The ordinance of baptism typifies the resurrection. Lehi also speaks of coming forth out of the eternal gulf through the resurrection. He tells his straying children to awake (as in the resurrection) from the death and hell that they are headed toward:
13 O that ye would awake; awake from a deep sleep, yea, even from the sleep of hell, and shake off the awful chains by which ye are bound, which are the chains which bind the children of men, that they are carried away captive down to the eternal gulf of misery and woe.
14 Awake! and arise from the dust. (2 Ne. 1)
Once again, they are supposed to leave captivity and bondage (Egypt) by coming out of the eternal gulf. Paul did for the Exodus what Mormon did for the river in Lehi’s dream:
1 Moreover, brethren, I would not that ye should be ignorant, how that all our fathers were under the cloud, and all passed through the sea;
2 And were all baptized unto Moses in the cloud and in the sea (1 Cor 10)
While the children of Israel came forth out of the Red Sea on dry ground, the Egyptians were drowned in the Red Sea:
2 Therefore let us go up; let us be strong like unto Moses; for he truly spake unto the waters of the Red Sea and they divided hither and thither, and our fathers came through, out of captivity, on dry ground, and the armies of Pharaoh did follow and were drowned in the waters of the Red Sea. (1 Ne 4)
So also, the wicked were drowned in the river of Lehi’s dream:
32 And it came to pass that many were drowned in the depths of the fountain; and many were lost from his view, wandering in strange roads. (1 Ne 8:32)
Now, what of the filthiness of the river? You may recall that Lehi got carried away and didn’t notice that the water was filthy (1 Ne 15:27) but Nephi told his brothers that “that the water which my father saw was filthiness” (1 Ne 15:27). We don’t usually think of the waters of baptism as filthy, but it is not unfitting considering the fact that they contain the wicked and their works as well as the sins of the righteous which were symbolically washed away in baptism.
I have been hitting the Exodus parallel pretty hard, but it is even more striking when compared with the history the angel superimposes over the symbols of Lehi’s dream. In 1 Nephi 13 the angel shows Nephi the world at the time of Columbus. He sees the Columbus cross the Atlantic and settle America. He sees the Revolutionary War and the independence of America established. This history is related in terms of the Exodus and Lehi’s dream.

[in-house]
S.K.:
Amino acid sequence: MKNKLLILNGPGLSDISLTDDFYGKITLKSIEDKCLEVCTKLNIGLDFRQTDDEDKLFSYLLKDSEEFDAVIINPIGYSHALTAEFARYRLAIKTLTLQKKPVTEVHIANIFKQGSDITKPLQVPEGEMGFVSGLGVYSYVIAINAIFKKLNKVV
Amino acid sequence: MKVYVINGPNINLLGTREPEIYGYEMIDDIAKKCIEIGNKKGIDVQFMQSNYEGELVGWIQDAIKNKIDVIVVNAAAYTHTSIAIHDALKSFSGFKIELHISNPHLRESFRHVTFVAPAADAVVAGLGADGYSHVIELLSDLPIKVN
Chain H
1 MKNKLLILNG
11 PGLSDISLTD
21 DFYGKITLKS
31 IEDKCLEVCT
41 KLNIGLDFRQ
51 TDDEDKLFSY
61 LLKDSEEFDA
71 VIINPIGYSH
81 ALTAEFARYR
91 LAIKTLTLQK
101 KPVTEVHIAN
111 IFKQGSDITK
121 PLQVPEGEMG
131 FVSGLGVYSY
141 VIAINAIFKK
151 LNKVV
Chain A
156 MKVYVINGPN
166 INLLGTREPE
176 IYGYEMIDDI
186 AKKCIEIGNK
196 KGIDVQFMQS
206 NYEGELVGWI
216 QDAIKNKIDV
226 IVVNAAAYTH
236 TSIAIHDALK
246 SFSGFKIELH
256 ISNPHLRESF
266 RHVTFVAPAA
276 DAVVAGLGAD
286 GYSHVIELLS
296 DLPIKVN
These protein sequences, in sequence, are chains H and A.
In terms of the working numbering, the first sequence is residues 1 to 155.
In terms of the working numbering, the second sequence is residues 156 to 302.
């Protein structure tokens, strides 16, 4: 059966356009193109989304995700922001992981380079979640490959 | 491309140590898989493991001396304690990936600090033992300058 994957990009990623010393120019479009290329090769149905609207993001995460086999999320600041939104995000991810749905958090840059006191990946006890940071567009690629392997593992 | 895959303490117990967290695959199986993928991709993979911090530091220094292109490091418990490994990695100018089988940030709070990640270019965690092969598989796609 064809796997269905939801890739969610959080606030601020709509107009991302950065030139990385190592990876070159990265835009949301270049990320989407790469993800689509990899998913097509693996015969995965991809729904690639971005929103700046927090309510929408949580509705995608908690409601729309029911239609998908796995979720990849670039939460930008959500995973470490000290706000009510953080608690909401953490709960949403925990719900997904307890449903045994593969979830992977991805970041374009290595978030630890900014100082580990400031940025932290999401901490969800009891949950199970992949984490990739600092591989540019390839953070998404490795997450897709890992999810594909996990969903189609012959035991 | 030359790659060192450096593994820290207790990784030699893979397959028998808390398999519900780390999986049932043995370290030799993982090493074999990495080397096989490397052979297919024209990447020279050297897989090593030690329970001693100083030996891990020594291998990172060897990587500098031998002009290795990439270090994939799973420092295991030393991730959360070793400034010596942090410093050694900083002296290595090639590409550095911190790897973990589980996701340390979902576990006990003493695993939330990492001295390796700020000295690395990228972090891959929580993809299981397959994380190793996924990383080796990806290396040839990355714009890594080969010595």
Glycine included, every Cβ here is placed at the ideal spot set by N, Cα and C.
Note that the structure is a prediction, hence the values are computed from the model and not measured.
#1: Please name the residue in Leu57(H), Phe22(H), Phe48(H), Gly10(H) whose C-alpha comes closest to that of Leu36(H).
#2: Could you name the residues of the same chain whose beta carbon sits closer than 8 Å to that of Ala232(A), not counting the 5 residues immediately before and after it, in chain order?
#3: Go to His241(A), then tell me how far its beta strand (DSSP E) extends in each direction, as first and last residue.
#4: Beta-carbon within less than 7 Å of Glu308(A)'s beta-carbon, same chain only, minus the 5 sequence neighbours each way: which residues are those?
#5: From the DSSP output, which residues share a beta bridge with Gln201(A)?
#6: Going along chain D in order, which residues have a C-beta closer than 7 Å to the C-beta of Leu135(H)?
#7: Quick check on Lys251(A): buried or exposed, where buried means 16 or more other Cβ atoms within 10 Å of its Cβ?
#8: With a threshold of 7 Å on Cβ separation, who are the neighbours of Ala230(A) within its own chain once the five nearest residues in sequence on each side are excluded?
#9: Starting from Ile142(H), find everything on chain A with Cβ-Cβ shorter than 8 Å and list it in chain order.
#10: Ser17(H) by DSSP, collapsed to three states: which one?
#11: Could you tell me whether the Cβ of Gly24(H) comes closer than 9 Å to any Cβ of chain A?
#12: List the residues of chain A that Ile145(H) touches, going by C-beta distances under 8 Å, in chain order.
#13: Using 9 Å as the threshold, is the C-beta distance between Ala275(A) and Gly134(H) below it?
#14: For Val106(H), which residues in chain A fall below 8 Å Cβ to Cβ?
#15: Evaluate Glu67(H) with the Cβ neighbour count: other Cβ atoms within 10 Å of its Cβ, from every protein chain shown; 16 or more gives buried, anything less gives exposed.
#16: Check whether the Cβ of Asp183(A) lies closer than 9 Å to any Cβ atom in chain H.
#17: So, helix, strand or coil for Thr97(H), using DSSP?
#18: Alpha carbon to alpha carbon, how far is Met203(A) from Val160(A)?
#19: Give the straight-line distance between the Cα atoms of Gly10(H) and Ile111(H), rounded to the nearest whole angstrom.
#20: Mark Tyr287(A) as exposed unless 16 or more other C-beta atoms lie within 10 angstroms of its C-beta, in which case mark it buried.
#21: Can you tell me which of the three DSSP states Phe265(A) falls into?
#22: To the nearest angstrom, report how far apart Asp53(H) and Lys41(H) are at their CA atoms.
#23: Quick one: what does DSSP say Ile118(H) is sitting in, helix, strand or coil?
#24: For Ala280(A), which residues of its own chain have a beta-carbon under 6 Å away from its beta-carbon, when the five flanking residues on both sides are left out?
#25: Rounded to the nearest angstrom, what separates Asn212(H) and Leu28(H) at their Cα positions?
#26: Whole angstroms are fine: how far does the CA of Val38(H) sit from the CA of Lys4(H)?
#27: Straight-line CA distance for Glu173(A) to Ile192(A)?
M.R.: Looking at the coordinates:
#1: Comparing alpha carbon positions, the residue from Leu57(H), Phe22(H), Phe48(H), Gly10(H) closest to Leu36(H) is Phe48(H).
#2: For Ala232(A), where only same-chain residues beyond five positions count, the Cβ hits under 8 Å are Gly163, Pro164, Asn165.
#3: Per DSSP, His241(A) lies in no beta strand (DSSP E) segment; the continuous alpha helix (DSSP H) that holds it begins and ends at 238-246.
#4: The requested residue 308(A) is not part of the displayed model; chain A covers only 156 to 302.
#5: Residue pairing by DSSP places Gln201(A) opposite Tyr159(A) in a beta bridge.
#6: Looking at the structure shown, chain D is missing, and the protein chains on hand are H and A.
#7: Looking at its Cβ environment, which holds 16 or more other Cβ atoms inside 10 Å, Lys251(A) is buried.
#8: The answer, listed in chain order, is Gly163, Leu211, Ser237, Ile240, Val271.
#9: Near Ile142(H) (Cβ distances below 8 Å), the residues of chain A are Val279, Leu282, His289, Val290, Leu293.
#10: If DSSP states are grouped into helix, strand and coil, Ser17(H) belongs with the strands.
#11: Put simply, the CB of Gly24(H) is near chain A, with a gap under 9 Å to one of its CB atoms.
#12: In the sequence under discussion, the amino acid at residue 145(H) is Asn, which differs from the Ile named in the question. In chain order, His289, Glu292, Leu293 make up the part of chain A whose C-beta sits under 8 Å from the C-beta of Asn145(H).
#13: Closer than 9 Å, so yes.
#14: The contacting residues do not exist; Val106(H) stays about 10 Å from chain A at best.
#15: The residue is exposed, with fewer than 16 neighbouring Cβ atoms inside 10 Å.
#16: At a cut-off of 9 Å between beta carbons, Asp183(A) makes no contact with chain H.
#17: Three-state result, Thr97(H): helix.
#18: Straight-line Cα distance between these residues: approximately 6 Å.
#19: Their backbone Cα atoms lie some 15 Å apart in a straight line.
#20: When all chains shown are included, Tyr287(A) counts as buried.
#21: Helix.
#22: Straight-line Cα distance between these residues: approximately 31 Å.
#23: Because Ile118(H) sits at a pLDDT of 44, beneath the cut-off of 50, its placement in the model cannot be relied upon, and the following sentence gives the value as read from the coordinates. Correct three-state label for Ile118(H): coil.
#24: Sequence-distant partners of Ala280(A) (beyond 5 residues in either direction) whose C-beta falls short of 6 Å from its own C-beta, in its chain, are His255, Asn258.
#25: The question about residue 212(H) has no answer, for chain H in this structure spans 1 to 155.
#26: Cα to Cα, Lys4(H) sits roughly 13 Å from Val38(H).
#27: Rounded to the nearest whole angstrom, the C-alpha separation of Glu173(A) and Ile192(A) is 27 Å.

We are told that the great and abominable church is responsible for bringing the saints into captivity–this brings to mind the children of Israel in captivity in Egypt. We also learn that the great and abominable church sits upon “many waters” (1 Ne 14:11). “Many waters” is the Nephite name for the ocean (1 Ne. 17:5). Just as the river is a gulf that divides the wicked from the saints of God, Nephi “…looked and beheld many waters; and they divided the Gentiles from the seed of my brethren” (1 Ne 13:10). Thus, just as the children of Israel crossed the Red Sea, and those in the spacious field had to cross the river, so also the Pilgrims had to cross the “many waters” to get to the promised land of America. We are reminded five separate times that the Gentiles lead by Columbus were coming out of captivity (verses 13, 16, 19, 29, 30). The Atlantic Ocean served as the equivalent to the Red Sea in the Exodus lead by Columbus.
Before quitting, let me briefly mention a very important point about these symbols which recurs with nearly all symbols of covenant. The river serves, at once, as a symbol which saves the righteous while destroying the wicked. For the righteous it is baptism, but the wicked are drowned and carried away. The same is true of the sacrificial animal. For the covenant keeper, the animal represents Christ slain in the atonement, but the covenant breaker must become the sacrifice himself as punishment for breaking the covenant. The glory of the Lord at his second coming glorifies the righteous who are caught up with the Lord but burns the wicked as stubble. When we get to the rod of iron we’ll see that it similarly serves in a dual role to help the righteous while punishing the wicked. (See: The Rod Along the Bank)